I've been approached by a publisher to consider a "custom" textbook. What are the pros and cons of this textbook format from the Bookstore's point of view?

Custom books allow you to select only the materials that you plan on using in your course – usually only a portion of the regular textbook. Because students pay only for what they actually need, custom books may prove to be less expensive. In addition, if you re-adopt a custom book for multiple terms, students can enjoy the same saving as on traditional textbooks. And, when you use a custom edition, you do not need to worry about changing your textbooks immediately when a new edition is published. However, because only students on our campus use the custom edition, we are limited in our acquisition of used copies. With traditional textbooks, we can access the larger used book market, in addition to our local market.

What questions should I ask a publisher's rep to get at the key issues related to the price of a textbook? 

  • How much will this book cost my student? Remember, though, that when asked for the price of the text, publisher's sales representatives frequently quote the cost of the textbook to the Bookstore- that is, the net cost. The net cost does not include the Bookstore's markup, which reflects operational expenses and other costs of doing business. However, if you know the net cost, we will be happy to estimate the retail price your students will pay.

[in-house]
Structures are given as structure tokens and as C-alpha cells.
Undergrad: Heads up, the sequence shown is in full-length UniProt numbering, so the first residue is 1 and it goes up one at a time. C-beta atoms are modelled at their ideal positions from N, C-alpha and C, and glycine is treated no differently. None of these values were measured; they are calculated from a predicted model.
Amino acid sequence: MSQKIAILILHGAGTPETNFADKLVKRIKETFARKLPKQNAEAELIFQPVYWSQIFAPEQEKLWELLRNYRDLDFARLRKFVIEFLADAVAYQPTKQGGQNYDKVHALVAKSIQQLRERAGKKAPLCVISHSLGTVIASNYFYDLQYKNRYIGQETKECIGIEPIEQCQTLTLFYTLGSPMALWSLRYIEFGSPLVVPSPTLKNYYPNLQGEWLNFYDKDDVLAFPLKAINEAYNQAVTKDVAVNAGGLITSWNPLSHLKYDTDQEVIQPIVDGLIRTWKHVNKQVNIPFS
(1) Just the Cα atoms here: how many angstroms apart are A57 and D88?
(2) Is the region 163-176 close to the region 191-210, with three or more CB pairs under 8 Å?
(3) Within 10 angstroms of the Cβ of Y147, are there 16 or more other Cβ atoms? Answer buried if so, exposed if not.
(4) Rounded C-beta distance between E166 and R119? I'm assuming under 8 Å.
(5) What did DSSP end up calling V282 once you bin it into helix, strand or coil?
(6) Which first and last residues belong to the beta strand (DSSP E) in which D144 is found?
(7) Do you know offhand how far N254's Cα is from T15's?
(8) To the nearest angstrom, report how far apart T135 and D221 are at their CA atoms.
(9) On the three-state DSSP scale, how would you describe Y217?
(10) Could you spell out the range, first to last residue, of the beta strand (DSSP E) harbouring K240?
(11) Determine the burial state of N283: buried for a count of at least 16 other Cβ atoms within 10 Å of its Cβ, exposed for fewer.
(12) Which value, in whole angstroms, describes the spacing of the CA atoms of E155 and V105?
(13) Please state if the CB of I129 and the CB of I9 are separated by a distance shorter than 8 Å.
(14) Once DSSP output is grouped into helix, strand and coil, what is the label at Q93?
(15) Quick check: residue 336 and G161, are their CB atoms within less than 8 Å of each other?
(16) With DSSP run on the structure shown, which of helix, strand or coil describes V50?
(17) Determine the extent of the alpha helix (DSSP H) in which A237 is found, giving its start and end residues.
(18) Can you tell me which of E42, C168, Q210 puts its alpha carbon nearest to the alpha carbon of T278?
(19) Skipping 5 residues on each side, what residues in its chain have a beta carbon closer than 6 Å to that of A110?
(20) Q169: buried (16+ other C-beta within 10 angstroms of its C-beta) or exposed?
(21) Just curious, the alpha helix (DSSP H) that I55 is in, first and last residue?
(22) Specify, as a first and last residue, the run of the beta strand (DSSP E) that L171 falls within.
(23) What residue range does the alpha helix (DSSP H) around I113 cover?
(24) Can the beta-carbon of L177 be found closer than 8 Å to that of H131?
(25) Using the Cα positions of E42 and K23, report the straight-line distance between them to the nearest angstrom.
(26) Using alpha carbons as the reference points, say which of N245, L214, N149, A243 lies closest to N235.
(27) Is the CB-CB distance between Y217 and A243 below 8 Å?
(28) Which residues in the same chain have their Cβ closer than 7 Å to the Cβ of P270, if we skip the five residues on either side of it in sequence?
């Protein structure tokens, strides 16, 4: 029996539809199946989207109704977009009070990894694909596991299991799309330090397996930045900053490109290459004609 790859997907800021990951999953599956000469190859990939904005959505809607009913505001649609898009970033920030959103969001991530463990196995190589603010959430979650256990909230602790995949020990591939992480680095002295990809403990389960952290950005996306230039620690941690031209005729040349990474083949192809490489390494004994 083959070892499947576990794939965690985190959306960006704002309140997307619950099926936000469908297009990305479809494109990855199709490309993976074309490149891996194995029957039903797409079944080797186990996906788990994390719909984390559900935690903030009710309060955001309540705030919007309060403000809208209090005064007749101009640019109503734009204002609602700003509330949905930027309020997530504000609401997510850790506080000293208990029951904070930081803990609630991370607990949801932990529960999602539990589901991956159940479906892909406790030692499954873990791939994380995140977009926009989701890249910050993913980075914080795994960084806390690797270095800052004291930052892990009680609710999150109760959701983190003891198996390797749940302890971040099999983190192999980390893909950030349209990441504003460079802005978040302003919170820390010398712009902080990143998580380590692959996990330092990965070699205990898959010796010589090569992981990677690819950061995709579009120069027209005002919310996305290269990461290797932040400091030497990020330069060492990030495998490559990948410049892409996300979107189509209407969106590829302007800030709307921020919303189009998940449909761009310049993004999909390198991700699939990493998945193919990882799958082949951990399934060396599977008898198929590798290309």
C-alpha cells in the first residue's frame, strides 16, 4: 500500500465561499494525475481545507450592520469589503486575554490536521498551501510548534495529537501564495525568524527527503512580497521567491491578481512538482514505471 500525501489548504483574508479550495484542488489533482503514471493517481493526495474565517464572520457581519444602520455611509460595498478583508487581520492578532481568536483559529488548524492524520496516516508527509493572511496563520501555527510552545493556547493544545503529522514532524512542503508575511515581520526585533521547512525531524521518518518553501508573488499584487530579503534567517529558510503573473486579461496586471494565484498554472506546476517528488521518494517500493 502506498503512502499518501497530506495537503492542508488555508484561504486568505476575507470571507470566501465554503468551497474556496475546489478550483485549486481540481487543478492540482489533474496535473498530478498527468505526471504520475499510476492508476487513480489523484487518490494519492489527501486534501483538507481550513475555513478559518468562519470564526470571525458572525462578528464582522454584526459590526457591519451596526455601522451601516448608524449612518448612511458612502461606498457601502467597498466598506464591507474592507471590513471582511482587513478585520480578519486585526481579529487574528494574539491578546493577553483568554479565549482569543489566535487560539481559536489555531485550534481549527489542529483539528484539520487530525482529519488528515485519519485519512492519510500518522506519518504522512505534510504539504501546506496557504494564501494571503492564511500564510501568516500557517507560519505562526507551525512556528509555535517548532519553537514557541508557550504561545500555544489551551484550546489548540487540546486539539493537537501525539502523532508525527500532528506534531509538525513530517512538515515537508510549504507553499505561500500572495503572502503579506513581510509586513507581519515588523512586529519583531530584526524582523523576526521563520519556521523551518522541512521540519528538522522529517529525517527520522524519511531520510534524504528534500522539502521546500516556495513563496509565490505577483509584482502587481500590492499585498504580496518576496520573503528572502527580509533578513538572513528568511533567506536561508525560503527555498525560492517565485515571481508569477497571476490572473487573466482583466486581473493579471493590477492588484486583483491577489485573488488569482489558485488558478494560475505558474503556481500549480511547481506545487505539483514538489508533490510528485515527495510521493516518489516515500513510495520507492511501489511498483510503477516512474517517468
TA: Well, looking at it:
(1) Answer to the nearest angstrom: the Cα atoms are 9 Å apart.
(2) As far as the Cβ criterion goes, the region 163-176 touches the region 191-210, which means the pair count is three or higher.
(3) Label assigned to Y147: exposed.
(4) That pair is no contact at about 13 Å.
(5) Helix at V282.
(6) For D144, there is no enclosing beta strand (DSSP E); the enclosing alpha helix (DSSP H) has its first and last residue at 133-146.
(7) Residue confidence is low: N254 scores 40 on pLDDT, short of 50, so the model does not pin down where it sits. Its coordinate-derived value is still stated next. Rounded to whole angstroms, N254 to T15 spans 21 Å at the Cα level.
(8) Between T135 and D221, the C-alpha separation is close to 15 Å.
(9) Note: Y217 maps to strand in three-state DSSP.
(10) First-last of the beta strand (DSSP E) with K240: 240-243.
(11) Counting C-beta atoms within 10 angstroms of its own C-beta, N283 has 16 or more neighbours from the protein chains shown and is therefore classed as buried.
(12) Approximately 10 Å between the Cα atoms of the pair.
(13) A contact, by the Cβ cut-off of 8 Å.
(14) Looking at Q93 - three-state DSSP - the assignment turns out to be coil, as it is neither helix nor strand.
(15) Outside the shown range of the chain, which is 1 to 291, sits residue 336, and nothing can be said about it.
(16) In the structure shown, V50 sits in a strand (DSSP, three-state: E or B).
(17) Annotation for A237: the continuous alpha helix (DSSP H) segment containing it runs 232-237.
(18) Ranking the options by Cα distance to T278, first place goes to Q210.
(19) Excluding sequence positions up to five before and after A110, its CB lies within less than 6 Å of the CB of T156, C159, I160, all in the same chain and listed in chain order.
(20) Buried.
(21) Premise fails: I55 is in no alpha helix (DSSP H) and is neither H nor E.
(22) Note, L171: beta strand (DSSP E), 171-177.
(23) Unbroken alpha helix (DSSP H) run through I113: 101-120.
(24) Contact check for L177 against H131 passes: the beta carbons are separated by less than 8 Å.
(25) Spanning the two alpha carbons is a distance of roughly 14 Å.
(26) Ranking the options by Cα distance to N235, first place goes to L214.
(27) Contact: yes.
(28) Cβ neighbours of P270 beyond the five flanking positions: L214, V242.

• Is the textbook available by itself or sold only as part of a bundle?
  • What online resources are available to students with the purchase of the text, and are those resources available to anyone, or only to students who buy a new copy?
  • When is the next edition going to be released?

I've heard a lot about digital versions of texts being cheaper than printed texts. What can you tell me about this? 

Digital versions of textbooks may save students money up front. Additionally, some publishers now offer students the ability to purchase chapters as they go – a sort of installment plan. However, students' ability to print the text is often limited, and digital textbooks sometimes "expire" after a certain period of time. To calculate the savings digital texts represent, the cost must be compared to the net expense of purchasing a used copy of a printed textbook, then selling the book back during buyback. Often a student comes out ahead by purchasing a printed copy, then selling it when the course is over. Also, many students continue to prefer learning from a book they can touch, highlight, and carry around in their backpacks, as opposed to one accessible only by computer. When both print and digital versions are offered by publishers, the Bookstore will usually try to make both options available to students and let the students choose which option they prefer.